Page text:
Associated Press: Maine begins issuing photo ID welfare cards
BANGOR – Maine on Monday began issuing welfare benefit cards with photos on them in an effort to crack down on fraud and abuse, despite urging from the federal government to wait until it can ensure the state’s plan doesn’t negatively affect recipients or retailers.
John Martins, spokesman for the Department of Health and Human Services, said about 30 photo electronic benefit transfer cards were issued at the Bangor office as of midday.
The process is starting on a voluntary basis in Bangor first so the state can try out the new system. Eventually, welfare recipients across Maine will be required to have photos on their cards, which are used to buy food and other necessities.
Some recipients, like those younger than 19 and those 60 or older, will be exempt.
In a letter Friday, the U.S. Department of Agriculture asked Maine to delay issuing the new cards until it can fully review and approve the state’s plan. USDA officials said Maine could lose federal funding or face litigation if it violates regulations in the program.
Advocates for the poor say photos on EBT cards are ineffective at combating fraud and are costly.
The startup costs are $165,922, according to the department. It will cost the state $4,154 annually going forward.
DHHS said Friday it would move forward with its plan, saying that the federal government’s opposition “defies common-sense logic.”
Commissioner Mary Mayhew said the one-office launch will help the state identify potential problems and weaknesses with the new system before cards across the state are required to have photos.
Maine Unemployment Rate Drops Again to 5.9 Percent
Maine Hiring Continues to Outpace National Average
AUGUSTA – The Maine Department of Labor announced today that the state’s unemployment rate continues to drop. In March, the percentage of Mainers who were unemployed fell to 5.9 percent, marking the first time the figure has been under 6 percent since 2008.
Maine’s 5.9 percent unemployment rate is well below the national average of 6.7 percent.
According to Governor Paul LePage’s Office, the number of private sector jobs is up 9,100 over the past year. Those increases have been seen primarily in professional and business services, retail trade, leisure and hospitality, education, healthcare, and financial activities.
Senator Andre Cushing (R-Penobscot), who serves on the Legislature’s Labor, Commerce, Research and Economic Development Committee, says it’s another example of Republican efforts to improve Maine’s business climate paying off.
“Once again, the sound fiscal policies and accountability of our Governor, supported by Republicans in the Legislature, have encouraged small and large business owners in Maine to take the risk of expanding their businesses and creating new jobs. The real winners are the hard-working people of Maine.”
The 5.9 percent unemployment rate is down from 6.1 percent last month, and 6.8 percent one year ago. The number of unemployed in Maine declined 6,700 over the past year to 41,800.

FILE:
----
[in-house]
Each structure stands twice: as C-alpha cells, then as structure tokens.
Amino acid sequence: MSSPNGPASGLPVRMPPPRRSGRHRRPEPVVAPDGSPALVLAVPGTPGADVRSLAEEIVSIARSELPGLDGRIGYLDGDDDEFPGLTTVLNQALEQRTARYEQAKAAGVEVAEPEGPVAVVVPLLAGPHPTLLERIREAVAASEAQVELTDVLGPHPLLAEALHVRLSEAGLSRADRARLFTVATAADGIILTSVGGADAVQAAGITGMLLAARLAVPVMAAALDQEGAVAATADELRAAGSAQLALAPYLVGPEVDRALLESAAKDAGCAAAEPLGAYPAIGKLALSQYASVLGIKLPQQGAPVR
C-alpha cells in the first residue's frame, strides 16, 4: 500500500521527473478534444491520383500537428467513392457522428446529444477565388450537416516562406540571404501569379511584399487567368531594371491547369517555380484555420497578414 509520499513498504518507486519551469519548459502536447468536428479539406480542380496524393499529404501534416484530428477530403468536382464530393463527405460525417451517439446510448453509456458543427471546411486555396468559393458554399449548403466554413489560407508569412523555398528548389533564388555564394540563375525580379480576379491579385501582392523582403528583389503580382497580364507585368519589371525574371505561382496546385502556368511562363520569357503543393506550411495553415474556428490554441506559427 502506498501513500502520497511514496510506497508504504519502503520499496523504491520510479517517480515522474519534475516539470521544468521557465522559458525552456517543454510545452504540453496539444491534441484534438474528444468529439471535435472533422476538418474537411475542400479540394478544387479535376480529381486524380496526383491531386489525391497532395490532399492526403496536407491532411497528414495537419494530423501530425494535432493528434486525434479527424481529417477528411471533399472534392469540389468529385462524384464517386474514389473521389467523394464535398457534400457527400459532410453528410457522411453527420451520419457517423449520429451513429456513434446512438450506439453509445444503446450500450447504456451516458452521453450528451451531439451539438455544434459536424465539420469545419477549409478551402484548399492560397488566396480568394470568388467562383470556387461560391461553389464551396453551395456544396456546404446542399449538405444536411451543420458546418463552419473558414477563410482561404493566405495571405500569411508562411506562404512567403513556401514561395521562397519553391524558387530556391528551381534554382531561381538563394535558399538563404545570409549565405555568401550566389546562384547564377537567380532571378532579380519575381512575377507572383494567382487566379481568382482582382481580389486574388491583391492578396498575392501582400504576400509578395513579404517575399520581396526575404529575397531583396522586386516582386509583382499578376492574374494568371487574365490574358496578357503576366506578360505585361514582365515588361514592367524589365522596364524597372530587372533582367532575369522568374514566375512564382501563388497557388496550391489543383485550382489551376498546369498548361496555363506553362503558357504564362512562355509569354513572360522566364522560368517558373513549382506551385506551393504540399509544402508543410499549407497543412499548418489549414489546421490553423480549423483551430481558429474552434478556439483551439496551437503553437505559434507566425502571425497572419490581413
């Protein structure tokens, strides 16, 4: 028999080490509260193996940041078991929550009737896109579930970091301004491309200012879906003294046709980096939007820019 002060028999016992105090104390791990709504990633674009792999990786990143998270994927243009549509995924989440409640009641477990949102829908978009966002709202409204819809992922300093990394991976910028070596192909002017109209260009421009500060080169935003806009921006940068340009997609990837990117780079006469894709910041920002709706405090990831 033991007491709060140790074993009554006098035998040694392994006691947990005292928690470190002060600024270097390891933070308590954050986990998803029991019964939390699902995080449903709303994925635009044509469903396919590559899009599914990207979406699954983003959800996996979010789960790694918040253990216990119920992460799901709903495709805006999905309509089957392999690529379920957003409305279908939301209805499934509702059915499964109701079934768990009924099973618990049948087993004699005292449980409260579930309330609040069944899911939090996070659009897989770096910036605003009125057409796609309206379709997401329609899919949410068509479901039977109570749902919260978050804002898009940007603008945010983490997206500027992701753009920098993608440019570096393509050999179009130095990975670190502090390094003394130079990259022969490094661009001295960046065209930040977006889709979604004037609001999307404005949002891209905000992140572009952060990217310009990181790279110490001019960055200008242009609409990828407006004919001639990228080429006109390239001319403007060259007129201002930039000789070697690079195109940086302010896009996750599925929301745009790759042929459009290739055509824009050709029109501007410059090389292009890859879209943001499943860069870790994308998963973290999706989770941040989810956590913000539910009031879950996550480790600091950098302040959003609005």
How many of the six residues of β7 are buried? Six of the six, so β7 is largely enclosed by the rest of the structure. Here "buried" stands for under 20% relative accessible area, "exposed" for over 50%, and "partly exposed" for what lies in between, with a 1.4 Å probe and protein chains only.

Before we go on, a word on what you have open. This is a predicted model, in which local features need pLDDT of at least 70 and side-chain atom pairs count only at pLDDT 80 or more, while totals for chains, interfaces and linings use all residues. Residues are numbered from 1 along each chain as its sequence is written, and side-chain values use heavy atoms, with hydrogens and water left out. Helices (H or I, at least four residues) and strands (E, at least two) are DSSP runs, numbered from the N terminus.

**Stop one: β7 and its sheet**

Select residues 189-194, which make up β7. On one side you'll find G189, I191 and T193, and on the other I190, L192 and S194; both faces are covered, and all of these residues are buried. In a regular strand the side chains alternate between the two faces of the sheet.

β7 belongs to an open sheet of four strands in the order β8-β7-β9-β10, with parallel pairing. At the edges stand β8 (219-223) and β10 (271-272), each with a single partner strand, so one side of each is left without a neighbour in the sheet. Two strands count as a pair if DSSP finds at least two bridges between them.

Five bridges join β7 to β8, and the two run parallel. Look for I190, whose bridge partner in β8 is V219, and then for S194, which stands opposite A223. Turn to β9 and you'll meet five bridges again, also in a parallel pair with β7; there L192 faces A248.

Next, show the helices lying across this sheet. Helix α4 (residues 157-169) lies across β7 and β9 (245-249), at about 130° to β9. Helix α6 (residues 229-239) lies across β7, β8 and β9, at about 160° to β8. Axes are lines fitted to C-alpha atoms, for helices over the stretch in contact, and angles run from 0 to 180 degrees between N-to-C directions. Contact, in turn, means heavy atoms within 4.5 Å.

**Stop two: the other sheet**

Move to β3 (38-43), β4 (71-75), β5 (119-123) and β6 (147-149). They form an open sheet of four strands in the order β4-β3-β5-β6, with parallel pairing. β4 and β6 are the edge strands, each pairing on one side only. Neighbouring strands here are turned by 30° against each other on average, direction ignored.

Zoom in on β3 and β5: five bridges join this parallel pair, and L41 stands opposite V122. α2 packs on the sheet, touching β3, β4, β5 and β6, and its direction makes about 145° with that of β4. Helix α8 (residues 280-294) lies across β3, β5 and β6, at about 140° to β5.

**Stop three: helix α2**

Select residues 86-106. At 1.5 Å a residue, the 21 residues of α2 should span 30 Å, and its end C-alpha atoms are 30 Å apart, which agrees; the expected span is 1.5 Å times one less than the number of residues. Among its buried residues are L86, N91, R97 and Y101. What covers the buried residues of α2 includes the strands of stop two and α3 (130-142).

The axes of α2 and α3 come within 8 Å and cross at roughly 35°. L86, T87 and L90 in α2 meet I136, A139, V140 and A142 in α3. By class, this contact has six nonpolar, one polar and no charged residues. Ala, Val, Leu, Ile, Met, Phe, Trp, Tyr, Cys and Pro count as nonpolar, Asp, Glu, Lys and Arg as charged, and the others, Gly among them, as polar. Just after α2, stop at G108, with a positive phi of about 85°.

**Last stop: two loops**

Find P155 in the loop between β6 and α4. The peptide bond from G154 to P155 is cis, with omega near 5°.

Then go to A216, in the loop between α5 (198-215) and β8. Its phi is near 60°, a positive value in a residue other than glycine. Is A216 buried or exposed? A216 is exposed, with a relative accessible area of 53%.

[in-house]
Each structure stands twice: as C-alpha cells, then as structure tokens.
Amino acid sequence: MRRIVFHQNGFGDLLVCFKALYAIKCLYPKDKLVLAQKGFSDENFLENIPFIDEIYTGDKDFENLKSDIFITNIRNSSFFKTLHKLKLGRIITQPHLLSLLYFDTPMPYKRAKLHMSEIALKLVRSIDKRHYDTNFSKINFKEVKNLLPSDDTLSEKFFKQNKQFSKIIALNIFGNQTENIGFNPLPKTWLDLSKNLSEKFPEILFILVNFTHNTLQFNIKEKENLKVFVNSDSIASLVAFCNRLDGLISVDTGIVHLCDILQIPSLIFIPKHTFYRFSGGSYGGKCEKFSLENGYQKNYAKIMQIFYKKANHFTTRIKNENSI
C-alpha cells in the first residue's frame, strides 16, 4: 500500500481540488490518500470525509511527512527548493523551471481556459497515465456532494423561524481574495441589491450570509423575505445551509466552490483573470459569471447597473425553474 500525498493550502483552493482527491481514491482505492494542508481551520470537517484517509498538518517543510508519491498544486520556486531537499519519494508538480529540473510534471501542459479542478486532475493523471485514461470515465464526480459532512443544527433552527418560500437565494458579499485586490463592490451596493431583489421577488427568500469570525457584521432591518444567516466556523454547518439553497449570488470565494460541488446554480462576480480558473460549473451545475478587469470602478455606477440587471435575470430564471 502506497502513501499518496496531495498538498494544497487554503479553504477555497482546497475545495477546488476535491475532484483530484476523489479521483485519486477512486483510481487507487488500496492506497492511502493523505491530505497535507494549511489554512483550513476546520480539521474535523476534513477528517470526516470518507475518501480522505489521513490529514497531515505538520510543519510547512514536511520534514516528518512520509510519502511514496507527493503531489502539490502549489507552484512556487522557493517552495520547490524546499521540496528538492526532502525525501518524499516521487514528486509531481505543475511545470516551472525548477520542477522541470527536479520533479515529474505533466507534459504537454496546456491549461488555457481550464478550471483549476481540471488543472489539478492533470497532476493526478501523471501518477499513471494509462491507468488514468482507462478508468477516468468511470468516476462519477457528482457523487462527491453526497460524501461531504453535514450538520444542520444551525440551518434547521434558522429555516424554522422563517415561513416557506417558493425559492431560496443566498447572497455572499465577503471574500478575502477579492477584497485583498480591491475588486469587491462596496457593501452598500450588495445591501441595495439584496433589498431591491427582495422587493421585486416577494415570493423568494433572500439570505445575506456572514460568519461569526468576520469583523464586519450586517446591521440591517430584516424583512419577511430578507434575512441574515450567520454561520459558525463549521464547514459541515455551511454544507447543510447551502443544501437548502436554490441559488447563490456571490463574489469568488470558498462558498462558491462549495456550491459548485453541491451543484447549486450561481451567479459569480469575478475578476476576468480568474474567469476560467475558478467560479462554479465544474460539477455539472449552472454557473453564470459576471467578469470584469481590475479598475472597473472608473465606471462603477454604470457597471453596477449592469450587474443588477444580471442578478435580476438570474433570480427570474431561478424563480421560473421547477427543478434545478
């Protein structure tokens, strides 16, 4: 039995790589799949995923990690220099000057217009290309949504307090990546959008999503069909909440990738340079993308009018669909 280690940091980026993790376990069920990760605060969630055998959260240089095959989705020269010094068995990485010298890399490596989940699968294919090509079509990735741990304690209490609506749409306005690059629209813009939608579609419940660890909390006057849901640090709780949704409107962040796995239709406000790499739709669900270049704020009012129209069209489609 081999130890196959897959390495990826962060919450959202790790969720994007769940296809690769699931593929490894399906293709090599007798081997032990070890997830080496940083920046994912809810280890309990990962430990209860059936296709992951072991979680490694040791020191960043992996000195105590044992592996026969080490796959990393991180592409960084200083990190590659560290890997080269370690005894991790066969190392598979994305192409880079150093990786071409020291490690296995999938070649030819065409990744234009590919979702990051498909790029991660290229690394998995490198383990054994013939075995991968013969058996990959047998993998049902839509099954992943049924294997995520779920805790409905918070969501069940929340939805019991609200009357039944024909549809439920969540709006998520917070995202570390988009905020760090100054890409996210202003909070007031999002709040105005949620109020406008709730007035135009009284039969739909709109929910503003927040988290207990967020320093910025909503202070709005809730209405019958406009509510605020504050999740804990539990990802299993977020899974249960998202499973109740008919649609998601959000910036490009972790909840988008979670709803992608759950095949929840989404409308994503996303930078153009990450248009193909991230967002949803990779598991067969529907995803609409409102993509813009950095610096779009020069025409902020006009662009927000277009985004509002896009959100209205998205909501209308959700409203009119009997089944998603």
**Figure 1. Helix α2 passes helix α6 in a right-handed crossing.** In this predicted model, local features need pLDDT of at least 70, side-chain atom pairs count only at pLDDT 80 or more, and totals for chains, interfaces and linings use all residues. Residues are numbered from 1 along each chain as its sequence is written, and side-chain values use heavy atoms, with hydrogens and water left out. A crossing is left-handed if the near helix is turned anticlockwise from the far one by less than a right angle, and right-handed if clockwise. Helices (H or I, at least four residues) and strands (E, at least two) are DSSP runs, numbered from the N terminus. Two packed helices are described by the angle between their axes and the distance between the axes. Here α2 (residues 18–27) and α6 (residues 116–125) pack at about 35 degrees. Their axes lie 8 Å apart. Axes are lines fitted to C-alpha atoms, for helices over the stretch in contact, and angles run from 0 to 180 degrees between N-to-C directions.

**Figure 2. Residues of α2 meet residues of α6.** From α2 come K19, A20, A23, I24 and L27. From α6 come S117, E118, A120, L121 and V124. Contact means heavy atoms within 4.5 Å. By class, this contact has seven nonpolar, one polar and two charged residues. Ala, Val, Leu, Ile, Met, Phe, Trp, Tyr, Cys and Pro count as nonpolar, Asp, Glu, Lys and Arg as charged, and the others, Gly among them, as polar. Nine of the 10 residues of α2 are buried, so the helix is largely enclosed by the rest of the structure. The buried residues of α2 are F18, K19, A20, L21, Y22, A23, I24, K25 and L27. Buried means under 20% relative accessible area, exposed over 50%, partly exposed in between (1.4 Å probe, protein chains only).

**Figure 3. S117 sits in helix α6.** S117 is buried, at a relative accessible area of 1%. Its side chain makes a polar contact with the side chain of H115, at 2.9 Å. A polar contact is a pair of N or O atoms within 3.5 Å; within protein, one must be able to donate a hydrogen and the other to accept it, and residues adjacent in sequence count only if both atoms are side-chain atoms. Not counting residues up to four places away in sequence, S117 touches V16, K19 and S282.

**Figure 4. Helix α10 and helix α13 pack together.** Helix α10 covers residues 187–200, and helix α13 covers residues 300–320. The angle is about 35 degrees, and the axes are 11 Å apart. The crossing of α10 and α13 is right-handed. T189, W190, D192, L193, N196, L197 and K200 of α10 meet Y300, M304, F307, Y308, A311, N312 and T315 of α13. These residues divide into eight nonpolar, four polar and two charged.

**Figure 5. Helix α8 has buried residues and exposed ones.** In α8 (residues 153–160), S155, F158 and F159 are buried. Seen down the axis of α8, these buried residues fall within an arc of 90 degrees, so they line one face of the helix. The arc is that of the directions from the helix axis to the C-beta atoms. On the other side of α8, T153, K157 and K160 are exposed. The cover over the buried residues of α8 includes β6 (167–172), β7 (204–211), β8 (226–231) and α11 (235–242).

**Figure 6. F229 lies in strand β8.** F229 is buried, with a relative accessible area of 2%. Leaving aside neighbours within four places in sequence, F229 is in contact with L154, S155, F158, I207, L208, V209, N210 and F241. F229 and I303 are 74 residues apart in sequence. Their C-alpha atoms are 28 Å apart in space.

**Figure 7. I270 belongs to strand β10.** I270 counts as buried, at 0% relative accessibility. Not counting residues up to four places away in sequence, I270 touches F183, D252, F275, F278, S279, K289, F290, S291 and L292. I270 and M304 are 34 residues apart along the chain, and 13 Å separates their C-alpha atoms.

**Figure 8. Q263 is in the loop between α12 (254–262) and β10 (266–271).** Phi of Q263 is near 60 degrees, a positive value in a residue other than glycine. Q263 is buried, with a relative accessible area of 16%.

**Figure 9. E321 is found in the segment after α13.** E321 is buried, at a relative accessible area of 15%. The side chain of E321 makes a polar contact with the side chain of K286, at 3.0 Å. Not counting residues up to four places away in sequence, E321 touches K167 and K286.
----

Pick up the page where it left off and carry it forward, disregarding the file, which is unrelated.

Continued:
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Senate Republican Leader Says GOP Accomplished Much for Maine Citizens, Despite Being in Minority
AUGUSTA – Maine lawmakers worked into the early hours of Friday, April 18 before finishing the work of the Second Regular Session of the 126th Legislature. The second session of the Legislature is the shorter of the two and typically concludes in April. The first session lasts until June.
Senate Republican leader Michael Thibodeau (R-Waldo) says Republicans, despite being in the minority, were able to make major gains on behalf of Maine citizens. The Maine Senate is comprised of 19 Democrats, 15 Republicans, and 1 Independent.
Senator Thibodeau said paying back nearly a half billion dollars in debt to Maine hospitals that was the result of Medicaid services that went unpaid was among the top accomplishments. “That debt was a black eye for Maine,” Senator Thibodeau said. “In addition to affecting our credit rating, it represented a failure to pay our bills. Thanks to Governor Paul LePage and Republican leadership in the Legislature, we were able to pay down this debt, and in the process secure a state liquor contract that maximizes the proceeds of liquor sales for the State of Maine.
Assistant Senate Republican Leader Statement on Bond Package
“I think this is a great example of the good things that happen when the Legislature works together in a bipartisan way.
“This is a solid package which focuses on job creation. Many of the proposals come from the collaborative efforts of the Workforce Development Committee that spent a full year listening to dozens of businesses and educators from across the state about where we would get the most bang for our buck through bonding. As a member of that Committee, I was glad to see so many of those ideas make the cut, given that our bonding capacity is limited.
“These are targeted, thoughtful investments in proven small business loan programs, our biomedical research sector, Maine’s marine economy, the University of Maine, and clean water infrastructure. Every single one of these proposals will leverage a significant additional private or federal government match, multiplying manyfold the impact of what we do. I hope each of these bond questions will have the enthusiastic support of the Governor and, ultimately, Maine voters.”
Senator Roger Katz (R-Kennebec)